New-Item -ItemType Directory -Path "$RemoteStagingPath\InstallLogs" -ErrorAction SilentlyContinue | Out-Null

    Start-Transcript -Path "$RemoteStagingPath\InstallLogs\Edge_Update_$EdgeCurrentVersion.txt" | Out-Null
    
    Write-Host "Gathering Microsoft Edge for Business installation information for $ComputerName..."

    $InstallList = (Invoke-Command -ComputerName $ComputerName -ScriptBlock { Get-ItemProperty HKLM:\SOFTWARE\WOW6432Node\Microsoft\Windows\CurrentVersion\Uninstall\* , HKLM:\SOFTWARE\Microsoft\Windows\CurrentVersion\Uninstall\* })
    $EdgeInstalled = if ($InstallList | Where-Object { $_.displayname -eq "Microsoft Edge"}) {$true} else {$false}
                    
    if ( $EdgeInstalled -eq $true )              
    { 
        Write-Host "Microsoft Edge for Business is installed, checking version..." -ForegroundColor Yellow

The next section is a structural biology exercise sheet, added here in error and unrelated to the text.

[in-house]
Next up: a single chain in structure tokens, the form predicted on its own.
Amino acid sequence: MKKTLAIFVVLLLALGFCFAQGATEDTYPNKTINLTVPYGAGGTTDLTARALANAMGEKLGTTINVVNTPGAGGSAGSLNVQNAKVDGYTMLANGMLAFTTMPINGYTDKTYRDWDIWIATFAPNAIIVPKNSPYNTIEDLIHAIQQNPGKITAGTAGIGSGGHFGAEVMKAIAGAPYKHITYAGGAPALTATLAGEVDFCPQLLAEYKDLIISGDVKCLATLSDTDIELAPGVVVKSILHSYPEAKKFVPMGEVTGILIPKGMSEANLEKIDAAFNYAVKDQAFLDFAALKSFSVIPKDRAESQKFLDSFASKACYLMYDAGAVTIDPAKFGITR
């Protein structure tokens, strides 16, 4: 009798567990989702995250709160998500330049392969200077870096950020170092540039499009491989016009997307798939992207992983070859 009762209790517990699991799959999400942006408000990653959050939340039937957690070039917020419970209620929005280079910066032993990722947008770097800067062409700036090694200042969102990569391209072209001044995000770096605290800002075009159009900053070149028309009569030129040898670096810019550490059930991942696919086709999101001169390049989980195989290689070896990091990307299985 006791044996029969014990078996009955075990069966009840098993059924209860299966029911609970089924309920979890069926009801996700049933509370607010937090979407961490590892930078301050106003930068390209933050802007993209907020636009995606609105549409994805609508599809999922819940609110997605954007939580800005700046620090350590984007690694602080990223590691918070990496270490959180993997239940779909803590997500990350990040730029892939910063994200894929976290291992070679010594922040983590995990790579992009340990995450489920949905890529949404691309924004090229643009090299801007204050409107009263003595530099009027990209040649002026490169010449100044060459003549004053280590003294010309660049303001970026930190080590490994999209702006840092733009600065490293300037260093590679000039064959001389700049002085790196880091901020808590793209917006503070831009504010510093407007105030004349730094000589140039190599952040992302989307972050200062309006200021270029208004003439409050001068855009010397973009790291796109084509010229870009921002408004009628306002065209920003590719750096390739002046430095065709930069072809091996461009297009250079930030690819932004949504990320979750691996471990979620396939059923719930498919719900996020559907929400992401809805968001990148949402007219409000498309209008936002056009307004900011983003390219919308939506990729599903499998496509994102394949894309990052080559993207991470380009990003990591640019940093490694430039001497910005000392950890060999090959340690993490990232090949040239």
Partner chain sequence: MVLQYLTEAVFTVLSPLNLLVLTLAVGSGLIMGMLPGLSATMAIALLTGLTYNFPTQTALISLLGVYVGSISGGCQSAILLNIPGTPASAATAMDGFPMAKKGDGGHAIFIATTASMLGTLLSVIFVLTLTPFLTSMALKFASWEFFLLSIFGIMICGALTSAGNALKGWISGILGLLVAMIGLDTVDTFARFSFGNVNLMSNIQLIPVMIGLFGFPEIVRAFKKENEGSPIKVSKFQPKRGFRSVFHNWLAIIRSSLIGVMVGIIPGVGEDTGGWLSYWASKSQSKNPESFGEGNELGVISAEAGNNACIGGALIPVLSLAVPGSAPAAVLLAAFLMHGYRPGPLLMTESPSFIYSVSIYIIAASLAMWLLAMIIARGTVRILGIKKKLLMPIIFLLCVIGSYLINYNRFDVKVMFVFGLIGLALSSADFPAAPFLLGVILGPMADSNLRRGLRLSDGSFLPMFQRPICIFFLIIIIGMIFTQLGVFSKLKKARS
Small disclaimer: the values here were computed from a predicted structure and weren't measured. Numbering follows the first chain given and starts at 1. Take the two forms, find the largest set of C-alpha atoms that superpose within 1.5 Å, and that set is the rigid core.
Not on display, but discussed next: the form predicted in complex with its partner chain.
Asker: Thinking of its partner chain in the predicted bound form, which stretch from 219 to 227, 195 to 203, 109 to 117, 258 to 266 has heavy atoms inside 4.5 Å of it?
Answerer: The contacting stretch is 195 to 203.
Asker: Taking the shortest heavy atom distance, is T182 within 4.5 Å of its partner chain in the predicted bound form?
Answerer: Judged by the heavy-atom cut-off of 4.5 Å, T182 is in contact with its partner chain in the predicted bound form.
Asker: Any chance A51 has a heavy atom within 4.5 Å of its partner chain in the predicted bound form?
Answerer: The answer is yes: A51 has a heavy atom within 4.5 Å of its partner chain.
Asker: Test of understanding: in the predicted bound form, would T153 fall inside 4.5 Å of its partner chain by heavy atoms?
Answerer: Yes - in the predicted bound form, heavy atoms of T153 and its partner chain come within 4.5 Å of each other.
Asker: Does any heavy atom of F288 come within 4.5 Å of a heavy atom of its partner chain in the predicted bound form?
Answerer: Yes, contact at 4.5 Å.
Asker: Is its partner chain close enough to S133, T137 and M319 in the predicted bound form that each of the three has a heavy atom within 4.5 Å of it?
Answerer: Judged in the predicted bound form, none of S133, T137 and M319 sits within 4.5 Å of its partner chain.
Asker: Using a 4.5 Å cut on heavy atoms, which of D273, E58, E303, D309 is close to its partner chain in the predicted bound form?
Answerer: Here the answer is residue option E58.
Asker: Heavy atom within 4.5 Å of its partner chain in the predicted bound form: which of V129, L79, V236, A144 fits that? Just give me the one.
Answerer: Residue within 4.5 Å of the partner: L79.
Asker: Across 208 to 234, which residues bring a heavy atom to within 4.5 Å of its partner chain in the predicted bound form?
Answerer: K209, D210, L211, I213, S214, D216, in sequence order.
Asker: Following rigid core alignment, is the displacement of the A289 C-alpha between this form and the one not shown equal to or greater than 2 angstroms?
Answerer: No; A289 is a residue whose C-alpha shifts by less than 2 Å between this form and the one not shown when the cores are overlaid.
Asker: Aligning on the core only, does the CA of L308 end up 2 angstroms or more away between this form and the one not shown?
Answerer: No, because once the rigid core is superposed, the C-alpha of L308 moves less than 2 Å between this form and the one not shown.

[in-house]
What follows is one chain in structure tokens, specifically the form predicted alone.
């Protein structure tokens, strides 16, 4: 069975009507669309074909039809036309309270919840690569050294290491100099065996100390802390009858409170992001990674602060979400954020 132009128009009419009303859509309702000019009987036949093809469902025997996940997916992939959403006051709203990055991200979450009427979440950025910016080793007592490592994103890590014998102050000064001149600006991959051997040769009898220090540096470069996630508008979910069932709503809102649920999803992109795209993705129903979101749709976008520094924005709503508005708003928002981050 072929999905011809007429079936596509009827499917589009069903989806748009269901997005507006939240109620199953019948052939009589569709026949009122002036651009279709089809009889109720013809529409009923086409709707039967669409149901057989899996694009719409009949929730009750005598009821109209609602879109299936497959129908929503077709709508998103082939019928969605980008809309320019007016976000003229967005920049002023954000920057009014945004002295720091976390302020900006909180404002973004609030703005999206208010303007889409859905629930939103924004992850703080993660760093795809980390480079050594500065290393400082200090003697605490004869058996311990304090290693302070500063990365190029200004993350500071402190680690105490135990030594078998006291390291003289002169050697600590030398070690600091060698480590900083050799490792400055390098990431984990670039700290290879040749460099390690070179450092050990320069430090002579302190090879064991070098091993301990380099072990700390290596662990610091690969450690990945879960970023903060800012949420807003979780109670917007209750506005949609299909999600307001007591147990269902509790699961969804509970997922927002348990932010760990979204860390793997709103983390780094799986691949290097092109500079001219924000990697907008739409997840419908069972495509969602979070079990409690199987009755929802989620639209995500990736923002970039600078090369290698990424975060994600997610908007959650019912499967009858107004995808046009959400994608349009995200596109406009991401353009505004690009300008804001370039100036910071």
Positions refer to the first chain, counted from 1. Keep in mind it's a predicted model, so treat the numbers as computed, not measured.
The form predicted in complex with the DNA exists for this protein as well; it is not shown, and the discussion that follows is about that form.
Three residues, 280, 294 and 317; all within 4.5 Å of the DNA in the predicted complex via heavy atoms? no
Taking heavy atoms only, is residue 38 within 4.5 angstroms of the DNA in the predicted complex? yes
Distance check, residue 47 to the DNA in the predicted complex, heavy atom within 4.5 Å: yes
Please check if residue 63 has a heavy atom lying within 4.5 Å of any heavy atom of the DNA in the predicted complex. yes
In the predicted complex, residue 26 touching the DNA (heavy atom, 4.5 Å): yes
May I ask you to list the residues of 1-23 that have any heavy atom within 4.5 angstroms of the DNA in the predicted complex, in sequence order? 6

$EdgePatched = if (($InstallList | Where-Object { $_.displayname -eq "Microsoft Edge" }).displayversion -eq $EdgeCurrentVersion) {$true} else {$false}

        if ( $EdgePatched -eq $true )
        {
            Write-Host "Microsoft Edge for Business is installed and updated" -ForegroundColor Green
        }
                
        elseif ( $EdgePatched -eq $false )
        {
                Write-Host "Microsoft Edge for Business is not updated to the current version. Installing patch $EdgeCurrentVersion" -ForegroundColor Yellow

                if ((Test-Path "\\$ComputerName\c$\TEMP\Microsoft\Edge\Edge_$EdgeCurrentVersion.msi") -eq $false)
                {
                    New-Item -ItemType Directory $RemoteStagingPath\Microsoft\Edge -ErrorAction SilentlyContinue | Out-Null